My view: The FDA is part of the problem
MKTXS President Sandip Shah was recently published in the Desert News for his insights on rising pharmaceutical costs in the U.S. The original article was published here:
By: Sandip Shah
Dec. 8, 2016
Ordinary Americans, reporters and even a congressional panel heaped scorn on pharmaceutical company Mylan after it raised the price of its epinephrine injector set from $100 to more than $600.
Mylan deserves criticism for making it harder for patients to afford the injectors they need to prevent fatal allergic reactions. But Mylan isn’t the only culprit in this scandal. The FDA is sitting on a huge backlog of generic drug applications. Such bureaucratic lethargy enables companies to form monopolies and gouge consumers.
Policymakers could solve the problem by giving the FDA the mandate and resources to clear this backlog. Instead, they’re training their fire on innovative drug companies that have nothing to do with this price gouging. Their proposed crackdown on these firms wouldn’t stop abusive pricing practices, but it would stifle innovation and deprive patients of lifesaving new medicines.
Price gouging is only possible when companies face no competition. The FDA has created just such a scenario. In October, a full 2,996 generic drug applications were pending approval or review. At least two of those would have offered allergy sufferers an alternative to Epi-Pens.
But the FDA has stalled both applications. The agency complains that one product uses a slightly different design than Epi-Pen, and that the manufacturer of the other product left some testing data out of the application.
This nitpicking is ridiculous. Researchers developed epinephrine in 1901. It’s now off-patent — as are the older, perfectly effective, designs for injectors. The only thing stopping companies from creating an inexpensive, generic epinephrine injector is FDA lollygagging. In Europe, regulators have approved a handful of competing injectors — and prices are under $100 as a result.
Other firms have similarly taken advantage of the agency’s delays. Turing Pharmaceuticals infamously hiked the price of Daraprim, a medicine used to treat AIDS patients, from $13.50 to $750 overnight. The drug hit the market 62 years ago, so its patent expired long ago. Likewise, Valeant Pharmaceuticals increased the prices of the off-patent heart drugs, Isuprel and Nitropress, by 525 percent and 212 percent.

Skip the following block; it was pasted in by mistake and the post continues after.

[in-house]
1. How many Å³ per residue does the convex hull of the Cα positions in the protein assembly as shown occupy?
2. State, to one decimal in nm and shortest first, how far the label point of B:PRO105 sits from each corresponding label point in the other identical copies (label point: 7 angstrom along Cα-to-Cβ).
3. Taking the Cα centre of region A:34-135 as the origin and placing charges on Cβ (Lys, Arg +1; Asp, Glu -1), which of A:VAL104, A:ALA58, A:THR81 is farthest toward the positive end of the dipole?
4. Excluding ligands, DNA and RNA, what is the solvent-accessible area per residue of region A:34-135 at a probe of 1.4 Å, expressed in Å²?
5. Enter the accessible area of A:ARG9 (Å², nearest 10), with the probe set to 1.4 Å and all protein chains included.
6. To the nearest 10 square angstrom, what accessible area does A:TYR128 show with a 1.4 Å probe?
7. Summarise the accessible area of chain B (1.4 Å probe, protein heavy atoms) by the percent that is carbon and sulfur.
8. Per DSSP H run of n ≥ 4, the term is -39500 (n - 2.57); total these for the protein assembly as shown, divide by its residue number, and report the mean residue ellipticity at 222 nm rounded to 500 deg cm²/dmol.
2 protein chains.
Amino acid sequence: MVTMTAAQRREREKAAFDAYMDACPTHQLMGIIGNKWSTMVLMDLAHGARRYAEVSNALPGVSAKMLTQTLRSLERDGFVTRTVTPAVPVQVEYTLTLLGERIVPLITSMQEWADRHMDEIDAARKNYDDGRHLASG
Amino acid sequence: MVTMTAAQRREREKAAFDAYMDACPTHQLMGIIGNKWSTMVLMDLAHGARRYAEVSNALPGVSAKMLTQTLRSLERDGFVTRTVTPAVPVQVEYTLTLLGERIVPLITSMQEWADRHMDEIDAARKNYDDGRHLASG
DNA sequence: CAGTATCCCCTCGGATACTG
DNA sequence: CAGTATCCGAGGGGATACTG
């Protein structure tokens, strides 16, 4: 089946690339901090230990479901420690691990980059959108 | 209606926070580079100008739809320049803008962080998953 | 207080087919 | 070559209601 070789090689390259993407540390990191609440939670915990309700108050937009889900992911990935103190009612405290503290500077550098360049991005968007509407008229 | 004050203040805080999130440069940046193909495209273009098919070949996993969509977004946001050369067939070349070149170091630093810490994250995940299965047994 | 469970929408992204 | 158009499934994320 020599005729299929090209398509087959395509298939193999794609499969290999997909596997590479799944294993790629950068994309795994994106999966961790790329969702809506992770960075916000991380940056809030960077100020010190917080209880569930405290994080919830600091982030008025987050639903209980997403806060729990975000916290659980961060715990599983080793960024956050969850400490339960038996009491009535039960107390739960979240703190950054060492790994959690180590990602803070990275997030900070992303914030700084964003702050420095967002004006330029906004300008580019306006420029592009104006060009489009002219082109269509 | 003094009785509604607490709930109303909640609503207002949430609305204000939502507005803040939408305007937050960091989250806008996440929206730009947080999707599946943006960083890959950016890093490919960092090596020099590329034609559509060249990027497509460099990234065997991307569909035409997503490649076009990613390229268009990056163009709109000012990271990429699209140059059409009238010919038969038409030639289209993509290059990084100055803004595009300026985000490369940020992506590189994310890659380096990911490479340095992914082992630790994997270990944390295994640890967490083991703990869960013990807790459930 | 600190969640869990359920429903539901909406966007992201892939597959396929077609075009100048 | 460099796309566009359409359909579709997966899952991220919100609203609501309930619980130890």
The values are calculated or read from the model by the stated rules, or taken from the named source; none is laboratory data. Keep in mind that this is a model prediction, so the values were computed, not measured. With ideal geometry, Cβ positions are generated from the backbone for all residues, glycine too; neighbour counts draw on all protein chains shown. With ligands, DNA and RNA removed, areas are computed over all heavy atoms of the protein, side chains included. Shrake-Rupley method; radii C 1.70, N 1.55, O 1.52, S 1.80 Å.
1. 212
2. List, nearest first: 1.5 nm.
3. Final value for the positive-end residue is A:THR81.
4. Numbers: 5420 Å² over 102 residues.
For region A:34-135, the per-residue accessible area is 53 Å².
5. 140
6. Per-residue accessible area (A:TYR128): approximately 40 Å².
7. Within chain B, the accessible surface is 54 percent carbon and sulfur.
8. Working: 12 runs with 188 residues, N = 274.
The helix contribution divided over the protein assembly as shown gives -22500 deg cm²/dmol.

These companies got away with upping their prices so dramatically because they knew the FDA would take years to approve competing products.
When manufacturers introduce generic drugs to the market, prices plummet. The introduction of a second generic drug cuts brand-name drug prices in half, on average. And as more generics gain approval, the price of a drug can drop by as much as 94 percent, according to a study ironically published by the FDA.
If policymakers want to prevent price gouging, they simply need to enable the FDA to approve applications far quicker than the current average of 47 months. The Senate is already considering a bill that would require the FDA to approve or reject generic drug applications in 150 days or less. And policymakers are currently reworking a bill that allows the FDA to raise hundreds of millions in revenue to ensure it can complete this mission.
Instead of enacting these targeted solutions, many of our leaders are on the warpath against the research firms that spend billions of dollars to create innovative new medicines. They’re calling for all manner of direct and indirect price controls — including a cap on drug prices in California, importing price-controlled medicines from abroad, and giving Medicare de facto authority to dictate prescription drug prices.
Inventing and bringing a new drug to market is a risky and expensive endeavor. It costs about $2.6 billion and takes 10 years.
When a company does strike gold — developing a unique product and gaining FDA approval — restricting competition for a limited time makes sense. Patents give the company a chance to recoup its massive investment in research and development, and ultimately reinvest its profits in developing other new treatments.
Price controls would take away the financial rewards of drug development. So companies wouldn’t take the risk to tackle our toughest diseases.
We’d lose out on lifesaving new medicines. Between 1999 and 2006, thanks largely to pharmaceutical innovation, the mortality rate for cardiovascular disease — the number one killer in America — dropped 29 percent.
It’s worth paying for truly innovative drugs. But once medicines go off patent, there’s no reason for consumers to continue shelling out top dollar. Speeding the generic drug approval process would introduce competition, slash prices and prevent rapacious behavior. Patients will suffer if our leaders neglect this straightforward, targeted solution and instead clobber the entire pharmaceutical industry with price controls that deter risk-taking and innovation.